Everyone is a prisoner of his own experiences. No one can eliminate prejudices - just recognize them.
He was a first-time nonviolent possible offender, ... And under the mandatory minimums, he was put in prison for 15 years. Not only does the punishment not fit the crime, but the mandatory minimums don't give judges any discretion to look at the background of the case, to read into the specifics of the case. I don't know a judge who really is in favor of the mandatory minimums.
When I was in prison, I was wrapped up in all those deep books. That Tolstoy crap - people shouldn't read that stuff.
Prisons don't rehabilitate, they don't punish, they don't protect, so what the hell do they do?
Wicked deeds are generally done, even with impunity, for the mere desire of occupation.
It is more dangerous that even a guilty person should be punished without the forms of law than that he should escape.
No man survives when freedom fails. The best men rot in filthy jails, and those who cry 'appease, appease' are hanged by those they tried to please.
In prisons, those things withheld from and denied to the prisoner become precisely what he wants most of all.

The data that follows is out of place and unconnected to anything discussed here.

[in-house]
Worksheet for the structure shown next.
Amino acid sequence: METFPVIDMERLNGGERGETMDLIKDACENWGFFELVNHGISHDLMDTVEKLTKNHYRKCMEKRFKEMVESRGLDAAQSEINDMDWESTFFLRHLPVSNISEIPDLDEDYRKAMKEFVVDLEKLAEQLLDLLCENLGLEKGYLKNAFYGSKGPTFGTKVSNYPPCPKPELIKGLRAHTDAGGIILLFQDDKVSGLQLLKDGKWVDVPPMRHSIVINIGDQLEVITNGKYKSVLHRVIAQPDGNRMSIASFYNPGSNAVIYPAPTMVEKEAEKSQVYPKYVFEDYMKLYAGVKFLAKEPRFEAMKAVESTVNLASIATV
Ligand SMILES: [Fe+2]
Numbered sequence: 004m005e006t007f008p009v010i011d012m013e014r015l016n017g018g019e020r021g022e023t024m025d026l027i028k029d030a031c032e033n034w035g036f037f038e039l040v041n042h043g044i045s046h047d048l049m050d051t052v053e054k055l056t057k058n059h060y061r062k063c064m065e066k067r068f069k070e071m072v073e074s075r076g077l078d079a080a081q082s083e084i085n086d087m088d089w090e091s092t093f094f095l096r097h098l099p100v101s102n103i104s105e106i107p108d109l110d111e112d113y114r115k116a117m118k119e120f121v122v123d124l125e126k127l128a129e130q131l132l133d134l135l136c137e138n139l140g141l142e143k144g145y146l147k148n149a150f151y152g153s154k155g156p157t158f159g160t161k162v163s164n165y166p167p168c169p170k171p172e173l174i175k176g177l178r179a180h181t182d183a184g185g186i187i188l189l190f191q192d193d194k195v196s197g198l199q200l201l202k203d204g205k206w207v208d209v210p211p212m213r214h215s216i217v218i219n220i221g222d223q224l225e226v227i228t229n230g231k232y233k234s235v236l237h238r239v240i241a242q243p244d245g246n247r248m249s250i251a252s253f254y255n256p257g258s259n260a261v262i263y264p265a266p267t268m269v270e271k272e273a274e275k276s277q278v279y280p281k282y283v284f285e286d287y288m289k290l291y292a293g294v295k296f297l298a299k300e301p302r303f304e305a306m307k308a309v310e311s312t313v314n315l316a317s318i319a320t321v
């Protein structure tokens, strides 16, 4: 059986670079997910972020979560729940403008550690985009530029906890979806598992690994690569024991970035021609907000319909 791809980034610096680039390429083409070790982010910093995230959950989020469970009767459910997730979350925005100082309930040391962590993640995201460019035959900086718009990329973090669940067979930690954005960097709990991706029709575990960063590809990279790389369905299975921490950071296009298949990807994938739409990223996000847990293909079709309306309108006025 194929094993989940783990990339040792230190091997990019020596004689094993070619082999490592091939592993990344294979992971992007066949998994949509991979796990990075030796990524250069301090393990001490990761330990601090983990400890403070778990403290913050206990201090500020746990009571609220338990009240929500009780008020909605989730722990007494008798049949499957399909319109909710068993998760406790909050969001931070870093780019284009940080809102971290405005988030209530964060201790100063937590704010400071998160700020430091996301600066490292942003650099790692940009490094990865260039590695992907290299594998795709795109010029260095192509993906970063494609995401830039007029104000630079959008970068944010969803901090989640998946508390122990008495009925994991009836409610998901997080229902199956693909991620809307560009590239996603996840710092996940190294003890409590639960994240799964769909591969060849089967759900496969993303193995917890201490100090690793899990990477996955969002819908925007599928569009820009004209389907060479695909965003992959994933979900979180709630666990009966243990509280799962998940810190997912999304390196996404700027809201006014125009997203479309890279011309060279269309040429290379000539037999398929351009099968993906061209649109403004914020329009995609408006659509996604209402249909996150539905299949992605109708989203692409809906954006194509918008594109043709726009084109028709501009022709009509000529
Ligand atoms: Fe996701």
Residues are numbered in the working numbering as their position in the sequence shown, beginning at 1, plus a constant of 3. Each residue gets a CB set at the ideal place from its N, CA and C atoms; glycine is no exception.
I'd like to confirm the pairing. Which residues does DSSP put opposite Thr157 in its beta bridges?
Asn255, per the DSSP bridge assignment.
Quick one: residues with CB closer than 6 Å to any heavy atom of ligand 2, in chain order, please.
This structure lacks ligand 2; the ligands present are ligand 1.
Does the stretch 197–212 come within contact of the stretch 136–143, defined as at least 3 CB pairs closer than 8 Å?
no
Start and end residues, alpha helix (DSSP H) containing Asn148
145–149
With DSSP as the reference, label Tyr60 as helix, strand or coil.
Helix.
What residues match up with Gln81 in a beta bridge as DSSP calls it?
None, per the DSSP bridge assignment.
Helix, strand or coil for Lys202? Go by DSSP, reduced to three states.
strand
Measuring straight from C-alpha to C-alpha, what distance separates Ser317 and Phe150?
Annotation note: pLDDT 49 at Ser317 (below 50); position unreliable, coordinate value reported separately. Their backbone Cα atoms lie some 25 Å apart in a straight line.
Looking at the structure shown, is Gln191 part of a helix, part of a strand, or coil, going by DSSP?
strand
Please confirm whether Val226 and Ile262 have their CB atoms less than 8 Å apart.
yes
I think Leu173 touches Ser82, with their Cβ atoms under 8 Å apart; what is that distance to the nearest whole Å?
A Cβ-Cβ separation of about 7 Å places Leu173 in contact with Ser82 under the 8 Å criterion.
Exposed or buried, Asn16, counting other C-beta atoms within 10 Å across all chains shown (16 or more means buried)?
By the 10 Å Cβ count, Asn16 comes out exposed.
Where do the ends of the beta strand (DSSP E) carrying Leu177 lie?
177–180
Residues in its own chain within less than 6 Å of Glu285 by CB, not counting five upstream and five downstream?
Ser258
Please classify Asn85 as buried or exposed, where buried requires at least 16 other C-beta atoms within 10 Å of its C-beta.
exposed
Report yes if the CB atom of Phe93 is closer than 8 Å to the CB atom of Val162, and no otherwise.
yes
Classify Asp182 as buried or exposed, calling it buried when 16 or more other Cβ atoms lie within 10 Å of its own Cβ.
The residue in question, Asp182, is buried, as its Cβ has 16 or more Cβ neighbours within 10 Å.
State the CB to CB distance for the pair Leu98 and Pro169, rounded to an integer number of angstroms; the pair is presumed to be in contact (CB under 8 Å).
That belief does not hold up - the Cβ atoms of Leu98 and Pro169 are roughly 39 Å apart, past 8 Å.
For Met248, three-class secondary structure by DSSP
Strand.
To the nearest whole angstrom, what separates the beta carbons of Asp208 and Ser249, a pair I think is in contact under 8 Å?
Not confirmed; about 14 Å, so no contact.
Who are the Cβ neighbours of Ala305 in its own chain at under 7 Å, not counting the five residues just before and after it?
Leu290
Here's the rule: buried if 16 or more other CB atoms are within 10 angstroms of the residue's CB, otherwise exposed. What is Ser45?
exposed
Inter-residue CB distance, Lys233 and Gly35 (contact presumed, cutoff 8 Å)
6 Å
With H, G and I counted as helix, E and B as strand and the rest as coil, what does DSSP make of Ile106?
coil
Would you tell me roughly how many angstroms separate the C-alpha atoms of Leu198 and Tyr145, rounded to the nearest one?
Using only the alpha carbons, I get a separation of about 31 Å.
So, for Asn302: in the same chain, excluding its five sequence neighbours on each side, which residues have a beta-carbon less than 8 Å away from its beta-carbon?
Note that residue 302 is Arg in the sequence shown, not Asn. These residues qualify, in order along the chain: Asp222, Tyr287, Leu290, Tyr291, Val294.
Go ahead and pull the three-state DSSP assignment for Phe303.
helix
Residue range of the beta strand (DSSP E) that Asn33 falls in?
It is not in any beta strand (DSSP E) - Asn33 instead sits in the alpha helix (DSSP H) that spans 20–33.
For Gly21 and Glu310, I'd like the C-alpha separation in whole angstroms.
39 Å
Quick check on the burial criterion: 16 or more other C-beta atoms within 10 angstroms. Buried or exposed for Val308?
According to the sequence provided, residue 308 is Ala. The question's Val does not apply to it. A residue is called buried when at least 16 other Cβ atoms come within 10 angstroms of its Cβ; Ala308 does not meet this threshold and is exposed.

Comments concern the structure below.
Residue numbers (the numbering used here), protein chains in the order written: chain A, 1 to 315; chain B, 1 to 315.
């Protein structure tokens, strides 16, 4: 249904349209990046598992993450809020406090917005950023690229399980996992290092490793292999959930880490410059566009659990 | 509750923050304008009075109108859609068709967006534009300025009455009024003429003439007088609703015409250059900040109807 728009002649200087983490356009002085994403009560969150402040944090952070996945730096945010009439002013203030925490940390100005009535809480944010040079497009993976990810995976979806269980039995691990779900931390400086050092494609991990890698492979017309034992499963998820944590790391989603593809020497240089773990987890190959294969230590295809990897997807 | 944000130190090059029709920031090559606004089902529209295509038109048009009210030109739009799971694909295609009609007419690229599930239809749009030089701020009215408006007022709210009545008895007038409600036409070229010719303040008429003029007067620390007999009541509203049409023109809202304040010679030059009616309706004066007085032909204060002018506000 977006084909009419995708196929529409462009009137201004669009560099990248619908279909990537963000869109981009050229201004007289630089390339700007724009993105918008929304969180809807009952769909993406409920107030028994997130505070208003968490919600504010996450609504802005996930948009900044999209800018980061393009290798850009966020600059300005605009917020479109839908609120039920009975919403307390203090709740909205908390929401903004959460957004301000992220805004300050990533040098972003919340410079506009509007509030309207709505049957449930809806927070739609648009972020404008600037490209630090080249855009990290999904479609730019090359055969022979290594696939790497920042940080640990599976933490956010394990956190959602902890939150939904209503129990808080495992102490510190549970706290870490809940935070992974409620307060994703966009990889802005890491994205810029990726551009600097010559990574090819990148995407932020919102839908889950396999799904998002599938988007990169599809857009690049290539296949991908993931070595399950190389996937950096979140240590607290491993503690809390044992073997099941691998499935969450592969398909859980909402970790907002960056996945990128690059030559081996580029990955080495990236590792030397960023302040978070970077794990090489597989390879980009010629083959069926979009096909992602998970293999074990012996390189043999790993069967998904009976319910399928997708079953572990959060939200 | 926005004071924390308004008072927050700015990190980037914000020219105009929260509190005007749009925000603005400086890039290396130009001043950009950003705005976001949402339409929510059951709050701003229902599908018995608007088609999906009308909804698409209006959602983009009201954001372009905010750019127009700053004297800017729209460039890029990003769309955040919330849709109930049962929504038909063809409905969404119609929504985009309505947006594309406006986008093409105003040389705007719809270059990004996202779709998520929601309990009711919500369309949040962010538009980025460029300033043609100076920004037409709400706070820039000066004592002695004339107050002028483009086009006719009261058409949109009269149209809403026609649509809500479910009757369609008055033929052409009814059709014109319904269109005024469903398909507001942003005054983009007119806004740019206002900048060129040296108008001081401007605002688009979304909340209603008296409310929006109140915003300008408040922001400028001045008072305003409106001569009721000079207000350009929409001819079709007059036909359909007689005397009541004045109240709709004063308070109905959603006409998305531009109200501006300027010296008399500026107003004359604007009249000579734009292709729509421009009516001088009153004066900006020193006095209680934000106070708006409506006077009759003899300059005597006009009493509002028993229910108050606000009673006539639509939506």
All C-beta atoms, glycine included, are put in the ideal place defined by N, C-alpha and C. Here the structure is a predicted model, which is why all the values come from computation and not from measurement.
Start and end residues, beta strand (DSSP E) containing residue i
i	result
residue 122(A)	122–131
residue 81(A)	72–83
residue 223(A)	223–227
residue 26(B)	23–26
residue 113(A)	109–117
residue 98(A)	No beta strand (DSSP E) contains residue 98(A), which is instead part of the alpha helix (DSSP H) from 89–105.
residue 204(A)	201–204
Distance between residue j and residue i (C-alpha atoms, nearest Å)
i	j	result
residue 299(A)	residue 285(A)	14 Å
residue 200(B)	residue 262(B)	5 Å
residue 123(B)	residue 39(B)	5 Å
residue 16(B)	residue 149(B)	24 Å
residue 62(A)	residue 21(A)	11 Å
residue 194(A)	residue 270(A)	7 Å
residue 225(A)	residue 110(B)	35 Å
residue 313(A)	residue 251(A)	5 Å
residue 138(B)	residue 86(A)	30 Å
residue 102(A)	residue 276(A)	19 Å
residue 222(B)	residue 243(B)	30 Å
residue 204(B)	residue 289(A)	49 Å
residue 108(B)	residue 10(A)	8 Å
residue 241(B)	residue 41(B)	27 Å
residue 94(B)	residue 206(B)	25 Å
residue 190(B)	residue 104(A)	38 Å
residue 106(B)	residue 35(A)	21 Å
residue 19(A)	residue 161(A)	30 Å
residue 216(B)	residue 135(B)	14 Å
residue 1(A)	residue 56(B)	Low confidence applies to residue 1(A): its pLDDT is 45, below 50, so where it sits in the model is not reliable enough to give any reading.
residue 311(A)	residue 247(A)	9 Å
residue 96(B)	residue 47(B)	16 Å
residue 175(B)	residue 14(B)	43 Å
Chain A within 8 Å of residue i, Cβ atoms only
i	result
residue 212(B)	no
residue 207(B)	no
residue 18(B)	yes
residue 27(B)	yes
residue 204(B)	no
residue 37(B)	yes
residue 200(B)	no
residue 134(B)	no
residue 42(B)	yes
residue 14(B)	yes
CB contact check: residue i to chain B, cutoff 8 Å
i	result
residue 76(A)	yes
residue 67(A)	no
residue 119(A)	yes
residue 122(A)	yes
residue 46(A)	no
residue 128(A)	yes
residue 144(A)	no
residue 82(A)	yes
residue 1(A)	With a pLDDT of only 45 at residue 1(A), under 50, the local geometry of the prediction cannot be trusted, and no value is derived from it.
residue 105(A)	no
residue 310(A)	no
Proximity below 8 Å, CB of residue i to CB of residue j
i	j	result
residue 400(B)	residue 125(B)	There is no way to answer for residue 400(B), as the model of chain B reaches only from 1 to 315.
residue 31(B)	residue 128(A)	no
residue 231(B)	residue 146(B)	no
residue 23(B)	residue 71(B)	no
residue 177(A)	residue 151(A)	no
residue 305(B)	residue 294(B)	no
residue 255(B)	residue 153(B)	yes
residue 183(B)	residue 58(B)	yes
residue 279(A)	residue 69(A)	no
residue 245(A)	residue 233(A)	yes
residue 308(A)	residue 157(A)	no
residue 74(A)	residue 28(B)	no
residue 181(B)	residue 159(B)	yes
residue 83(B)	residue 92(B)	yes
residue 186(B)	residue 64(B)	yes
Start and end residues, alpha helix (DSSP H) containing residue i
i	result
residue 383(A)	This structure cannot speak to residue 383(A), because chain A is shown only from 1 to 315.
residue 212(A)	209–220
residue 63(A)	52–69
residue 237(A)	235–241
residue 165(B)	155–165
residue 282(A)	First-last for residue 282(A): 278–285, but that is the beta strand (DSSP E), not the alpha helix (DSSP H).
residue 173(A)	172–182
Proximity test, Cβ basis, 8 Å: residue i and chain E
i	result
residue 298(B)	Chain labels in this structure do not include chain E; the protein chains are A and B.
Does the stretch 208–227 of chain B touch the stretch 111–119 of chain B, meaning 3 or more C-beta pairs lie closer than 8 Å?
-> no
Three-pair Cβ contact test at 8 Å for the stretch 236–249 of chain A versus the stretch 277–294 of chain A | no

The number of laws is constantly growing in all countries and, owing to this, what is called crime is very often not a crime at all, for it contains no element of violence or harm.
There is no peace because the making of peace is at least as costly as the making of war - at least as exigent, at least as disruptive, at least as liable to bring disgrace and prison and death in its wake.
The object of punishment is prevention from evil; it never can be made impulsive to good.
We who live in prison, and in whose lives there is no event but sorrow, have to measure time by throbs of pain, and the record of bitter moments.
Definition, rationality, and structure are ways of seeing, but they become prisons when they blank out other ways of seeing.